A Celebration of Light
Last Christmas Eve, I watched my son’s face, awash with delight as he ran up to a Christmas tree, the lights dancing and flashing around him, as voices joined in unison echoing off the walls and the dramatic ceiling, celebrating the birth of the Savior.
The entire week was so exciting to him. The windows of our neighborhood had been full of menorahs, warmly shining out into bitter, black nights. Then the brilliance of Christmas lights glimmering on a tree, surrounded by rich music, fascinated him all the more and seemed to wrap up a week filled with light.
As I watched the lights dancing on his face, I thought about how fascinating it is that in the darkest, coldest period of the year, light is celebrated joyfully and passionately.
I also considered the darkness it seems the world and so many people are facing; it seems to be everywhere, invading individuals, families and societies, destroying identities, cultures and homes, and leaving people with nothing. People are increasingly justifying the most oppressive and inhumane attitudes and actions. Many seem to be accepting darkness, embracing it even, because it’s easier than selflessly taking the risk to step right into the midst of it and fight with light.
I began to wonder whether it would be possible to raise him to be a light in the midst of the strength such darkness seems to wield.
In Christmas, we celebrate the Light of the World, the Prince of Peace, born without a roof over His head, to a family and people with few rights. It was a time very similar to our own, a time of division and homelessness, loss and loneliness. It was a time in which many were despairing and questioning God-where is the promised Messiah? When will you provide relief? Are you even there? He was hope and light embodied, born in the midst of an oppressive census being administered by an occupying government, his younger years spent fleeing hatred.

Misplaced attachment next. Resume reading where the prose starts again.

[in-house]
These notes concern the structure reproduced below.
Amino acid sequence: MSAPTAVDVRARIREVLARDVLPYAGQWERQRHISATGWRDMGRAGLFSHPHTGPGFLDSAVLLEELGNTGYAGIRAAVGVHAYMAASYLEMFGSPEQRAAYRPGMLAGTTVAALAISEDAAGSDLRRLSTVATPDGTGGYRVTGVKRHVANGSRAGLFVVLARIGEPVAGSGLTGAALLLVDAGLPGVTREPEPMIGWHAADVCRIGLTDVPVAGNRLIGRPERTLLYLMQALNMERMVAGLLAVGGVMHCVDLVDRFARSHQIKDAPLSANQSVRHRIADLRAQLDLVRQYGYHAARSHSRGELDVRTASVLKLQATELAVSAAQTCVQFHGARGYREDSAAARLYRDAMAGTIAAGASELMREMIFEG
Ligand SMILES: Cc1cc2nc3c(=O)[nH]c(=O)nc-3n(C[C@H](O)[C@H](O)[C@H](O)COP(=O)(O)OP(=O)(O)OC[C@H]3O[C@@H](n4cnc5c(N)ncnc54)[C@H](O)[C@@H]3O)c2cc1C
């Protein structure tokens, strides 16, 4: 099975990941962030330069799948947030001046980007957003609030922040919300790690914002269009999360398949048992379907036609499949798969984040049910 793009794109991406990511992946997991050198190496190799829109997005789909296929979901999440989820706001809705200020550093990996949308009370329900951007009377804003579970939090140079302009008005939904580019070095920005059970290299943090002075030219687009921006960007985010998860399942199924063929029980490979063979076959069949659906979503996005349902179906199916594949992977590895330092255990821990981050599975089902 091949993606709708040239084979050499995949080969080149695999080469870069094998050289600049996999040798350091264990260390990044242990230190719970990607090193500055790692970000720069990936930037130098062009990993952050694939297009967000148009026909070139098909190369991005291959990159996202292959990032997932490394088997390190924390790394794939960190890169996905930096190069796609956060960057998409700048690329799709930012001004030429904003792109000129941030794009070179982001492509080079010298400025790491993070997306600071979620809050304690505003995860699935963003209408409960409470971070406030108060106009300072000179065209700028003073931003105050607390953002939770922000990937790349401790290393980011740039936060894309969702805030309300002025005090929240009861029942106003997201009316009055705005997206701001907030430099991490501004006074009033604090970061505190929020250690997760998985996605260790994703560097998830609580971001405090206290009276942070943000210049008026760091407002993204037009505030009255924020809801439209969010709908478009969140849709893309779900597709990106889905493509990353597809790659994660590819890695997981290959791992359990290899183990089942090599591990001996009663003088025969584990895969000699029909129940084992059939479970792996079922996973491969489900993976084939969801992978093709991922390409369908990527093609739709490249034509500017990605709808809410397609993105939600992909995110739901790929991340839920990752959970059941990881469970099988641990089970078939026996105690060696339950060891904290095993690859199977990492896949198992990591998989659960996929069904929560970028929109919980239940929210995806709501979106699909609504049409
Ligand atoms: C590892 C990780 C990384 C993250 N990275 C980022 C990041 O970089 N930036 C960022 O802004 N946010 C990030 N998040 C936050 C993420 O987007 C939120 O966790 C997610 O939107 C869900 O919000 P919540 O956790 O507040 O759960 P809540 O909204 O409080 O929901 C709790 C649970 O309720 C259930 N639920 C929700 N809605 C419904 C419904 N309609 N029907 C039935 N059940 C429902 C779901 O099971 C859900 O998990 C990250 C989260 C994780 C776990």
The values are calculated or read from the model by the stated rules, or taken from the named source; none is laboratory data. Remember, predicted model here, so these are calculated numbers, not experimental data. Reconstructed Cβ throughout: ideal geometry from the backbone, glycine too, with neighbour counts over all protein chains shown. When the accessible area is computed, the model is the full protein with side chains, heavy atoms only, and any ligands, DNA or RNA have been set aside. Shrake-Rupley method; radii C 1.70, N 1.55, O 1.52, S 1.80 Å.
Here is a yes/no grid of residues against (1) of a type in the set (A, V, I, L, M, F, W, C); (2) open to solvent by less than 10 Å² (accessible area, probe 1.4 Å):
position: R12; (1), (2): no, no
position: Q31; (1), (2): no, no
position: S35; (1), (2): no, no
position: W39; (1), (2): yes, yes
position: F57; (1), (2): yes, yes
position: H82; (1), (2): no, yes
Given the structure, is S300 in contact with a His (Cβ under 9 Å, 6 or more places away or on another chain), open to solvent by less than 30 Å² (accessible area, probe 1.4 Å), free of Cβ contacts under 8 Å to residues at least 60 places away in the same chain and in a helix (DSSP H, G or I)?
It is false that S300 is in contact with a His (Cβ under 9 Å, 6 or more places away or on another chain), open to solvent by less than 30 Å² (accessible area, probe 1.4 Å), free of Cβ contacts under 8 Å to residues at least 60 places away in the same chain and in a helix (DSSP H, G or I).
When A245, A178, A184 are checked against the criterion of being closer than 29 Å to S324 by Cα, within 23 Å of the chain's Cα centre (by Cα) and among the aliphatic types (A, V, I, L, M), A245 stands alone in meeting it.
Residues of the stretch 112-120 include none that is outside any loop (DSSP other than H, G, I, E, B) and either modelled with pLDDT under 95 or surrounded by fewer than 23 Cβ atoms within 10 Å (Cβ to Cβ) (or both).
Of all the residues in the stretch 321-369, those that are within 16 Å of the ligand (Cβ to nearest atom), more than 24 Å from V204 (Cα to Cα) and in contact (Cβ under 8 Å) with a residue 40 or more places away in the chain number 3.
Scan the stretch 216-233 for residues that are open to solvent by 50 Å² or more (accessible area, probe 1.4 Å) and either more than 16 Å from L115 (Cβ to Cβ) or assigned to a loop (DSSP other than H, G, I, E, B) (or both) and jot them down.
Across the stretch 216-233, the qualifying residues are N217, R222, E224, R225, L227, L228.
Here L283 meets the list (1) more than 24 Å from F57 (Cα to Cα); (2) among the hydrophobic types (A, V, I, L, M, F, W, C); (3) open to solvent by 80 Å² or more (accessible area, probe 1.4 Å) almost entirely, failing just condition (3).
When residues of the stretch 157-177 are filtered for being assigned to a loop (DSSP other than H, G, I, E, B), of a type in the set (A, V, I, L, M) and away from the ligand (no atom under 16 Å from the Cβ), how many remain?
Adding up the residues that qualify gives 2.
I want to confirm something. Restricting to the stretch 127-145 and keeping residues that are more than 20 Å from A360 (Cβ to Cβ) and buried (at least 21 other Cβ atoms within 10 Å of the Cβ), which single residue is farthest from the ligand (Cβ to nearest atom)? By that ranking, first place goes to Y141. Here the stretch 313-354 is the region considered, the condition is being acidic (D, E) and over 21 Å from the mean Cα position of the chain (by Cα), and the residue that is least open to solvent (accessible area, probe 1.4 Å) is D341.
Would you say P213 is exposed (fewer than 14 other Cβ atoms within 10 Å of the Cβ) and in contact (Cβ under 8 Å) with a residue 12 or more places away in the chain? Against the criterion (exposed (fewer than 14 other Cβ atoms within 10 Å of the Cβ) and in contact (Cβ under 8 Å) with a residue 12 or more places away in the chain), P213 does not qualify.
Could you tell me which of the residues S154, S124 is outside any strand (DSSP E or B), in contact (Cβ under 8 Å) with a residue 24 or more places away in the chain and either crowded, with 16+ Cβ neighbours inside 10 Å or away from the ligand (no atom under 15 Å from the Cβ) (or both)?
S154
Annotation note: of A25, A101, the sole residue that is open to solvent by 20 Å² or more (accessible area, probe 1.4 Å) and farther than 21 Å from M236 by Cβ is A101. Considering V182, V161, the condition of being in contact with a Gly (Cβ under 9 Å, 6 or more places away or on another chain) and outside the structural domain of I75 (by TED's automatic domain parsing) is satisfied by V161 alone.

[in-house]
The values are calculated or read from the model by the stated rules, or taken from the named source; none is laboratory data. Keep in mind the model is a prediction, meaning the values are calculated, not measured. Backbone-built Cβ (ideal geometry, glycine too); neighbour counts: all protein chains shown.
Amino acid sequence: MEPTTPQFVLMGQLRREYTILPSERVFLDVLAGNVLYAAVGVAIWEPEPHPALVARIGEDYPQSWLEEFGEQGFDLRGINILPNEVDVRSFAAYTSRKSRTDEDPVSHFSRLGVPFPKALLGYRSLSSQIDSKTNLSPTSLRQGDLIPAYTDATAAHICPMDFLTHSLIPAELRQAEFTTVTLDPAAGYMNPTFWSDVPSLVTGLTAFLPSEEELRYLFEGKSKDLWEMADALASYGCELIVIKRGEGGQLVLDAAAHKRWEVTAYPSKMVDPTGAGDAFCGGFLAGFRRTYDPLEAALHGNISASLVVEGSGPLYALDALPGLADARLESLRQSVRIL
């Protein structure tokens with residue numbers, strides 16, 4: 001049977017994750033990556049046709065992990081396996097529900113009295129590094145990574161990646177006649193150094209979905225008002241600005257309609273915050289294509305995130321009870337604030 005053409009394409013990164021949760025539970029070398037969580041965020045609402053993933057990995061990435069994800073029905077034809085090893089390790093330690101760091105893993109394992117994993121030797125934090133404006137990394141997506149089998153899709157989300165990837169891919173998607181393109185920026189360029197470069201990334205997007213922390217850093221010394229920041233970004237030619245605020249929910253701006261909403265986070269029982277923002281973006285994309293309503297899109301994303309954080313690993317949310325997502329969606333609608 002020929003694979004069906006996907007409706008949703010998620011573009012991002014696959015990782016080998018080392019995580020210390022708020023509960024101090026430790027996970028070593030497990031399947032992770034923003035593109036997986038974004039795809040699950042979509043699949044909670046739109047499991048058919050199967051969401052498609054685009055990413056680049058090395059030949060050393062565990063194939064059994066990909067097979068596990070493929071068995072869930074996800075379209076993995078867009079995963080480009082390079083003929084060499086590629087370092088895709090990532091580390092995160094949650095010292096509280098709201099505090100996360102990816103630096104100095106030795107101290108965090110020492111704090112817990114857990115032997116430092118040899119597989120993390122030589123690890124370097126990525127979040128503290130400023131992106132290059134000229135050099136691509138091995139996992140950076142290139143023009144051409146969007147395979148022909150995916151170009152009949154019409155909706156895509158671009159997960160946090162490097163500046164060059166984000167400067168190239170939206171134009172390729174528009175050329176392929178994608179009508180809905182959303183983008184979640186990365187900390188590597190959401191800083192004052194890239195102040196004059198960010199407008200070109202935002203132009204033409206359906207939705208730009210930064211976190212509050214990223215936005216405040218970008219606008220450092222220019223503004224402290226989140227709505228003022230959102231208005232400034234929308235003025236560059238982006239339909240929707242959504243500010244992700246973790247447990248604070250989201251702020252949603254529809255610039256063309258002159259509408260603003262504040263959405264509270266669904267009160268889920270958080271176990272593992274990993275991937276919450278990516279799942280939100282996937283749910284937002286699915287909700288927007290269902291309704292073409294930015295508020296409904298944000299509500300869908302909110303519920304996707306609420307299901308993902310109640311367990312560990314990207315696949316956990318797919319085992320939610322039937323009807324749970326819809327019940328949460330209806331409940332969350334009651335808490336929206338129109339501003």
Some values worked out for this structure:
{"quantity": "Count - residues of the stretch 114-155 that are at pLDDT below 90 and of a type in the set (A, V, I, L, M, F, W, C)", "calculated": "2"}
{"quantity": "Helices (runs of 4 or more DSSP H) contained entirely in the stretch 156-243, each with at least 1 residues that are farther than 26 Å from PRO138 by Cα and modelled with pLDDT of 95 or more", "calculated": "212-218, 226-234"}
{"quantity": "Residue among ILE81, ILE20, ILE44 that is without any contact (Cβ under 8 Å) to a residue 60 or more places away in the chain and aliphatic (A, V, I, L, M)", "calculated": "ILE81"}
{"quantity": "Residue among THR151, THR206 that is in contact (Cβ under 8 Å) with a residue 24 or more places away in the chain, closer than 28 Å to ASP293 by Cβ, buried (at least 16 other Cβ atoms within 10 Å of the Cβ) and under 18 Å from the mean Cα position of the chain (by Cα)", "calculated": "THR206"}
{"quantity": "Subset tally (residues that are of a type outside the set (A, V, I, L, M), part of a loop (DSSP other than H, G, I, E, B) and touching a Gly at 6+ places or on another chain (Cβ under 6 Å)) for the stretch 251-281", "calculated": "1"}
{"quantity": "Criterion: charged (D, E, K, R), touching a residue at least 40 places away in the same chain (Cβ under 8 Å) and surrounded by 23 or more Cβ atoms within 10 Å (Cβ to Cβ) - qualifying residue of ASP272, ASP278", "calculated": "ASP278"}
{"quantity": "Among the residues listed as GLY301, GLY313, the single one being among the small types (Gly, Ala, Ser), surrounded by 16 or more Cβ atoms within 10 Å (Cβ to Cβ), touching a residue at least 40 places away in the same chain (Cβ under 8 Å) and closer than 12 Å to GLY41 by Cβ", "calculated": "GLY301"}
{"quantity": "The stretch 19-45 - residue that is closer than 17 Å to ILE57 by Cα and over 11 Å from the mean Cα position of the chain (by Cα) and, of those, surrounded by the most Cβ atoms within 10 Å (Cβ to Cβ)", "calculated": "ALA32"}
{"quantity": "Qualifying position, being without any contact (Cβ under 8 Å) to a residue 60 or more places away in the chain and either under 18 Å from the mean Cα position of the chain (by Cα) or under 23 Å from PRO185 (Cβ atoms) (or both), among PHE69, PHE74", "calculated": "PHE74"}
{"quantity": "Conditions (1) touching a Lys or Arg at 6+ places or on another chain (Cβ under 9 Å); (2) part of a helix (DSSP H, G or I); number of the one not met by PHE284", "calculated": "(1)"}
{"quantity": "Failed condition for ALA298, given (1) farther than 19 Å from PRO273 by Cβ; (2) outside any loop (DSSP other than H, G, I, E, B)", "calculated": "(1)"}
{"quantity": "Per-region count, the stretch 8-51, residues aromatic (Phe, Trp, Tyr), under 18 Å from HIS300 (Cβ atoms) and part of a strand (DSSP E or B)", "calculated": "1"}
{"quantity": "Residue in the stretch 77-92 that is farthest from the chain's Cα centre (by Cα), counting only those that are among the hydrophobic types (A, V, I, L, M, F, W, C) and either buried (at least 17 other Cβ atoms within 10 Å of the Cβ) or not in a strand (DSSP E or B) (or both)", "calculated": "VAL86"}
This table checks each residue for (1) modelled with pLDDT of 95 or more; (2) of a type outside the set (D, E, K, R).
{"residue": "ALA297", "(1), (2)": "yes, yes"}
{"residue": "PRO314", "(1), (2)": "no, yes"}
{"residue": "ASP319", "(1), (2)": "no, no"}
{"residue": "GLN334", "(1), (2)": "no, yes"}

It is with this context in mind that John begins his entire account of Jesus’ life by calling him the light that “shines in the darkness” and which “darkness has not overwhelmed” (John 1:5). In a time in which it seemed darkness was overwhelming everything, Jesus came as the light which darkness could not overwhelm. This is so significant that it is given first priority in John’s account. We are later given the responsibility to also shine as lights in a dark world, not hiding in fear or guarding our light, but sharing it out of the love and goodness that has been given us (Matthew 5:16; Philippians 2:15-16).
Light is also an integral part of Hanukkah, otherwise called the Festival of Lights, in which the miracle and hope of light during a dark time for the Jewish people is remembered.
Light is one of the most powerful elements in the universe, and when it encounters darkness-such as in a sunrise, lightning, stars, or a simple candle illuminating a blackened room-it resonates and pierces with its rays, poignantly impressing itself on our memory.
During this season, we have a choice-to either allow darkness to have its way, perhaps out of concern for our own self-preservation, or to leave an unforgettable impression, following the way of a courageous, loving Savior, and shine by boldly doing selfless acts of goodness in a world so consumed with selfishness and hate.
Darkness will not have the last word, ultimately. Even now, though, I choose to bear light in a world so lacking it.